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Sci. Signal., 10 March 2009
Vol. 2, Issue 61, p. ec88
[DOI: 10.1126/scisignal.261ec88]


Neuroscience Oligomers of Dementia

Nancy R. Gough

Science Signaling, AAAS, Washington, DC 20005, USA

Impaired signaling through receptors coupled to G{alpha}q/11, such as the muscarinic acetylcholine receptor, is associated with dementia and Alzheimer’s disease (AD). In a pair of papers, AbdAlla et al. report that sequestration of G{alpha}q/11 in β-amyloid (Aβ)–induced oligomers of angiotensin II receptors (AT2R) may contribute to the progression of AD. By comparing samples of prefrontal cortex from patients with AD and control patients, the author found decreased signaling (phosphoinositide hydrolysis) in response to either carbachol (muscarinic receptor agonist) or direct G protein activators, as well as decreased activation of G{alpha}q/11. Western blots of the samples from AD patients also showed oligomeric AT2R associated with G{alpha}q/11, whereas control brain samples had only monomeric AT2R that was not associated with G{alpha}q/11. Cerebral injection of Aβ into mice produced a dose-dependent increase in oligomeric AT2R. The formation of oligomers was blocked by treatment with antioxidant, and G{alpha}q/11-associated oligomers were induced by injection of transglutaminase, which suggests that oxidation followed by transglutamination underlies oligomer formation. By subjecting APPSw mice (a mouse model of AD) to stress, which accelerates disease progression, the authors showed that, compared with unstressed APPSw mice, the brains of the stressed mice had increased production of insoluble Aβ, oligomerization of AT2R associated with G{alpha}q/11, and neurodegeneration, as well as impaired learning. Signaling in response to carbachol was also diminished in stressed APPSw mice. If AT2R was knocked down by hippocampal injection of RNAi, then insoluble Aβ formation and Tau phosphorylation were decreased and signaling through muscarinic receptors was retained in the stressed APPSw mice. In the second paper, AbdAlla et al. expressed AT2R and various mutants in human embryonic kidney (HEK) 293 cells to show that tyrosine residues in the cytoplasmic loop between transmembrane helices III and IV were necessary for the oxidative induction of dimers and that transglutamination to form oligomers required the C-terminal domain. Using the heterologous expression system, they also confirmed that AT2R oligomers sequestered G{alpha}q/11 and inhibited muscarinic receptor signaling. Expression of a C-terminal truncated mutant AT2R prevented oligomerization of the receptor and restored muscarinic receptor responsiveness in the heterologous expression system. Viral delivery of this C-terminal truncation mutant into the hippocampus of stressed APPSw mice decreased AT2R oligomerization, decreased neurodegeneration, improved learning, and restored G{alpha}q/11 activation, providing further support for AT2R oligomerization in progression of AD.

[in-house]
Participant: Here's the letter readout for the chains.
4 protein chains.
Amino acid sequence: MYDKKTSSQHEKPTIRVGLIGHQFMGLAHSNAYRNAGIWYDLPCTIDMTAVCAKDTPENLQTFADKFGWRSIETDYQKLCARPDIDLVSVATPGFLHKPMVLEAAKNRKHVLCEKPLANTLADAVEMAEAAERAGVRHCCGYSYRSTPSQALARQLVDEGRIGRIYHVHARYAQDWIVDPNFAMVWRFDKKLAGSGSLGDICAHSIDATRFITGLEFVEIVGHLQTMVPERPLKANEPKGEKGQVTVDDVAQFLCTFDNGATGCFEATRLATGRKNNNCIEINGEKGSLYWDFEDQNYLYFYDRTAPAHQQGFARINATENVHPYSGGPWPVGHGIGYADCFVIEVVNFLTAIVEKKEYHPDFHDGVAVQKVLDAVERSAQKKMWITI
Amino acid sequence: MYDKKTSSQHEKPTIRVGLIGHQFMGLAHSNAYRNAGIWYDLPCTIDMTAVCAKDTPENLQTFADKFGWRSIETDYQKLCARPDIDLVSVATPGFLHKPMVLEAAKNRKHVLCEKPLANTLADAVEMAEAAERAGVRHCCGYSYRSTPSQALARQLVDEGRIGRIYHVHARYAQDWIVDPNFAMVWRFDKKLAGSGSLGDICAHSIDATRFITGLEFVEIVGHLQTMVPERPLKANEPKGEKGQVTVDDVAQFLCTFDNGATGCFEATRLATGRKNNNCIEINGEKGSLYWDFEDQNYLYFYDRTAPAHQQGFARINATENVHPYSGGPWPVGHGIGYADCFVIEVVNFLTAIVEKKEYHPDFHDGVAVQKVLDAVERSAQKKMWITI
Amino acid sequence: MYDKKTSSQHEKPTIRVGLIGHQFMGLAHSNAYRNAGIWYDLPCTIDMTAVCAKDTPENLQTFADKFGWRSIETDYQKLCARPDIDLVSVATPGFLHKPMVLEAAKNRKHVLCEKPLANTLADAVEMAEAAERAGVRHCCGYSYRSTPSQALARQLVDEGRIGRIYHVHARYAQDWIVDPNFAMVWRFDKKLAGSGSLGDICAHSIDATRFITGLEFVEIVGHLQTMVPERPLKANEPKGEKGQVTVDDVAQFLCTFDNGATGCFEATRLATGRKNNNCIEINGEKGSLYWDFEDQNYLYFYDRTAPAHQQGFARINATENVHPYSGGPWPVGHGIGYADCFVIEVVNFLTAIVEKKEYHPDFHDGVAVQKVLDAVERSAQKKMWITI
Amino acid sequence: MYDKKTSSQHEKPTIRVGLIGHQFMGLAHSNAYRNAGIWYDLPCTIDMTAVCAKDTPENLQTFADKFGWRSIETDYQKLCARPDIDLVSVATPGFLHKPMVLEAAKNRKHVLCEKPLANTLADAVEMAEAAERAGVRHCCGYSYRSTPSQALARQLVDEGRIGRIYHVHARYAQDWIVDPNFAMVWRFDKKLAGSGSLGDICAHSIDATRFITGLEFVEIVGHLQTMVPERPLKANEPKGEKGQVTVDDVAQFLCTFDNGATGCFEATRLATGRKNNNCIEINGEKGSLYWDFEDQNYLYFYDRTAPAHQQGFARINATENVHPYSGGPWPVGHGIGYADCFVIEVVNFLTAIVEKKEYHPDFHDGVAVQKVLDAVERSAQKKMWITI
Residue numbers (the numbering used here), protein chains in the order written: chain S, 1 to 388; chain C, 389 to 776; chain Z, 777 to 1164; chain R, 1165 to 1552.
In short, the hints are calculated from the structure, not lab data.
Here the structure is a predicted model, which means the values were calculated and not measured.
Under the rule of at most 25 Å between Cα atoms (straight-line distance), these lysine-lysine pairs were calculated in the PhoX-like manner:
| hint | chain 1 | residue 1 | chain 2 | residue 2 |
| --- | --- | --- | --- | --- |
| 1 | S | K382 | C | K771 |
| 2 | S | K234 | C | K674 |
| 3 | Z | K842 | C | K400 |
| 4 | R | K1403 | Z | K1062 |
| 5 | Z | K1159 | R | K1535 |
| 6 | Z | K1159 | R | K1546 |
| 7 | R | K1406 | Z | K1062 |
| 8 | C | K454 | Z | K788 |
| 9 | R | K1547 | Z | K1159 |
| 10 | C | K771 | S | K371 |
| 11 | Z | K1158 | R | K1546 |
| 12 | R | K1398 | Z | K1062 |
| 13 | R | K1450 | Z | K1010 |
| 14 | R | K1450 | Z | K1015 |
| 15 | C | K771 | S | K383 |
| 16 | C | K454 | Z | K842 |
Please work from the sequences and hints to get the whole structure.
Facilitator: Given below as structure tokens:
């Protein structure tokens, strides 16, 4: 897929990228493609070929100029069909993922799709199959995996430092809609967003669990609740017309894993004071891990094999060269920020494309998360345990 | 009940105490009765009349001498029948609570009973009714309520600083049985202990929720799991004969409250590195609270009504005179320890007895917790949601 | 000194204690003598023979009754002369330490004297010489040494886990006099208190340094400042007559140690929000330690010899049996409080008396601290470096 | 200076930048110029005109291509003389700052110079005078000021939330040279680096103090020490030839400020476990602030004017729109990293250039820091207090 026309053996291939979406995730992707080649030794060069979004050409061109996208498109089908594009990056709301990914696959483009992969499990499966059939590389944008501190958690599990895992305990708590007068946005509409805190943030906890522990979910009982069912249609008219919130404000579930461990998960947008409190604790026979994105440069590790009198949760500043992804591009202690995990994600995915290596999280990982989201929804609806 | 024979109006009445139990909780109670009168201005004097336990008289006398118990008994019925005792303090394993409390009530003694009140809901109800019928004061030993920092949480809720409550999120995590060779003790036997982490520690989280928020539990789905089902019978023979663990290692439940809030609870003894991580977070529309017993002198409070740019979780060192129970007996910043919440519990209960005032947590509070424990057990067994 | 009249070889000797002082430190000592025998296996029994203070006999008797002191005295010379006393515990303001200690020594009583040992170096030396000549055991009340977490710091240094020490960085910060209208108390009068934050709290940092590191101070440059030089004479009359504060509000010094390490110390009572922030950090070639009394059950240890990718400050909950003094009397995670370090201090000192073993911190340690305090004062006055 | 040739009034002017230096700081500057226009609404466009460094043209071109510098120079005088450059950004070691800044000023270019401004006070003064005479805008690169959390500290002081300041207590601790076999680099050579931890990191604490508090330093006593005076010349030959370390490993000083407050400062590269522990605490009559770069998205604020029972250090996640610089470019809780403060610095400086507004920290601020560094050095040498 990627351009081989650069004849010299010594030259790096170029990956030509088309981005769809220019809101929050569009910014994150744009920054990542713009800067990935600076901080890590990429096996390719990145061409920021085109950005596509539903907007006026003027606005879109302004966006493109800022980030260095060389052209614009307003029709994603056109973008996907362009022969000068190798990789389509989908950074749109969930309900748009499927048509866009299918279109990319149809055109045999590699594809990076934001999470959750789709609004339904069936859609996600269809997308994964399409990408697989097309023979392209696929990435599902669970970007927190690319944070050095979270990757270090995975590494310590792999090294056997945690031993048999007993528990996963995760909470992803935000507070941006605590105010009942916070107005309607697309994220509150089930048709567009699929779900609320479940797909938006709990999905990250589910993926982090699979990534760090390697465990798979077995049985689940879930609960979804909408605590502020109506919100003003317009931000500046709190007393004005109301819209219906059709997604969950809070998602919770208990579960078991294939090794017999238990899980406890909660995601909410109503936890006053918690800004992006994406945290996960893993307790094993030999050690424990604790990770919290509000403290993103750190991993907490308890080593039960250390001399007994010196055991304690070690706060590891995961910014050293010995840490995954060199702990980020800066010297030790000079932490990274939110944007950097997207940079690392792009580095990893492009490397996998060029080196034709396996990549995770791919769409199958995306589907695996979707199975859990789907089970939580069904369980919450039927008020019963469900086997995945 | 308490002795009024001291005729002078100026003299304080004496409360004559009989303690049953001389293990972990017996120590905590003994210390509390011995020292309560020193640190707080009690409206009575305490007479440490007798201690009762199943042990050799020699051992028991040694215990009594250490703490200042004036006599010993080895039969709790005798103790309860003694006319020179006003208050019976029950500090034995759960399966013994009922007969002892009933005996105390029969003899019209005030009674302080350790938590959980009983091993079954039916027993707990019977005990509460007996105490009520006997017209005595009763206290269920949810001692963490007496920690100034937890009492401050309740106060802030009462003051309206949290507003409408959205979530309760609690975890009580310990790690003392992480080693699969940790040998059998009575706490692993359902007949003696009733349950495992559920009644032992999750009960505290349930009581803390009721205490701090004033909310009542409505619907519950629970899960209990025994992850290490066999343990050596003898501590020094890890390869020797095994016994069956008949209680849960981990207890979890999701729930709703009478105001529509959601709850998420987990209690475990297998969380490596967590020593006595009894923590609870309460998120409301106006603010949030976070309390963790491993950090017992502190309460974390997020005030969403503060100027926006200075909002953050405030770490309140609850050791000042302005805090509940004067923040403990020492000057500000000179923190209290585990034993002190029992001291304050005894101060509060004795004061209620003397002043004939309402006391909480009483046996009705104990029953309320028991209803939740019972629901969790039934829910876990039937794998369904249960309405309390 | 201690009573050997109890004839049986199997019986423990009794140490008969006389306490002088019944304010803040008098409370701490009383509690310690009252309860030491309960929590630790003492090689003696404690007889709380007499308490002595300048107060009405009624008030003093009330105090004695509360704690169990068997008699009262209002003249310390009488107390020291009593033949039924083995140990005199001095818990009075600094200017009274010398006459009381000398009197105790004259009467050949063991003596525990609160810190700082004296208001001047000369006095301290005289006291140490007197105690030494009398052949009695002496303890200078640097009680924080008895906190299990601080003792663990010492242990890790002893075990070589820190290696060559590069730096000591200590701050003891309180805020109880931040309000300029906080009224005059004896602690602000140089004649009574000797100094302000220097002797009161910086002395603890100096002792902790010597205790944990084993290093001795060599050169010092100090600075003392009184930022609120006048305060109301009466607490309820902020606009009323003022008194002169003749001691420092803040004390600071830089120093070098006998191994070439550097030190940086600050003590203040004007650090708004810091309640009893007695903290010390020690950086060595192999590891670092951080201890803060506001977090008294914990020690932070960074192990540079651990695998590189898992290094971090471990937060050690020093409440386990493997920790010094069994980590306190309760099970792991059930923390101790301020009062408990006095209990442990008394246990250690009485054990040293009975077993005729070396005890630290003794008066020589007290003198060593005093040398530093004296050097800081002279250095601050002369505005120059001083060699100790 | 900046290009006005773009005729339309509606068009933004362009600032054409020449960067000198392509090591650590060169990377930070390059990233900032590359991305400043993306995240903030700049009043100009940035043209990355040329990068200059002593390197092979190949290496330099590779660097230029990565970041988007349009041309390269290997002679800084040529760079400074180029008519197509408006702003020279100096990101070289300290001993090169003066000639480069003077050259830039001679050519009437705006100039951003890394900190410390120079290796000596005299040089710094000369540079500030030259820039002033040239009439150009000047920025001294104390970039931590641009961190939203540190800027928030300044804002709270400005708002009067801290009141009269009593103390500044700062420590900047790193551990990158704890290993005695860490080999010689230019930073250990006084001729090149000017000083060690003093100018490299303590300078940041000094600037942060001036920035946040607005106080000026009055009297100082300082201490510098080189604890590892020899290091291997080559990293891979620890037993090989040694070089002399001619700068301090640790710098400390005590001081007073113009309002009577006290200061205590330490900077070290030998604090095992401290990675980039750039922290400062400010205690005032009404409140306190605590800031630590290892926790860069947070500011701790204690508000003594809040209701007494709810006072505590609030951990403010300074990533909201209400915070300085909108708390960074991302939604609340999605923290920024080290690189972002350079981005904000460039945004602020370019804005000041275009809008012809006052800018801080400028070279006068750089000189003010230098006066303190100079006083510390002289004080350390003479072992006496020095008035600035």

S. AbdAlla, H. Lother, A. el Missiry, A. Langer, P. Sergeev, Y. el Faramawy, U. Quitterer, Angiotensin II AT2 receptor oligomers mediate G-protein dysfunction in an animal model of Alzheimer disease. J. Biol. Chem. 284, 6554–6565 (2009). [Abstract] [Full Text]

S. AbdAlla, H. Lother, A. el Missiry, P. Sergeev, A. Langer, Y. el Faramawy, U. Quitterer, Dominant negative AT2 receptor oligomers induce G-protein arrest and symptoms of neurodegeneration. J. Biol. Chem. 284, 6566–6574 (2009). [Abstract] [Full Text]

Citation: N. R. Gough, Oligomers of Dementia. Sci. Signal. 2, ec88 (2009).

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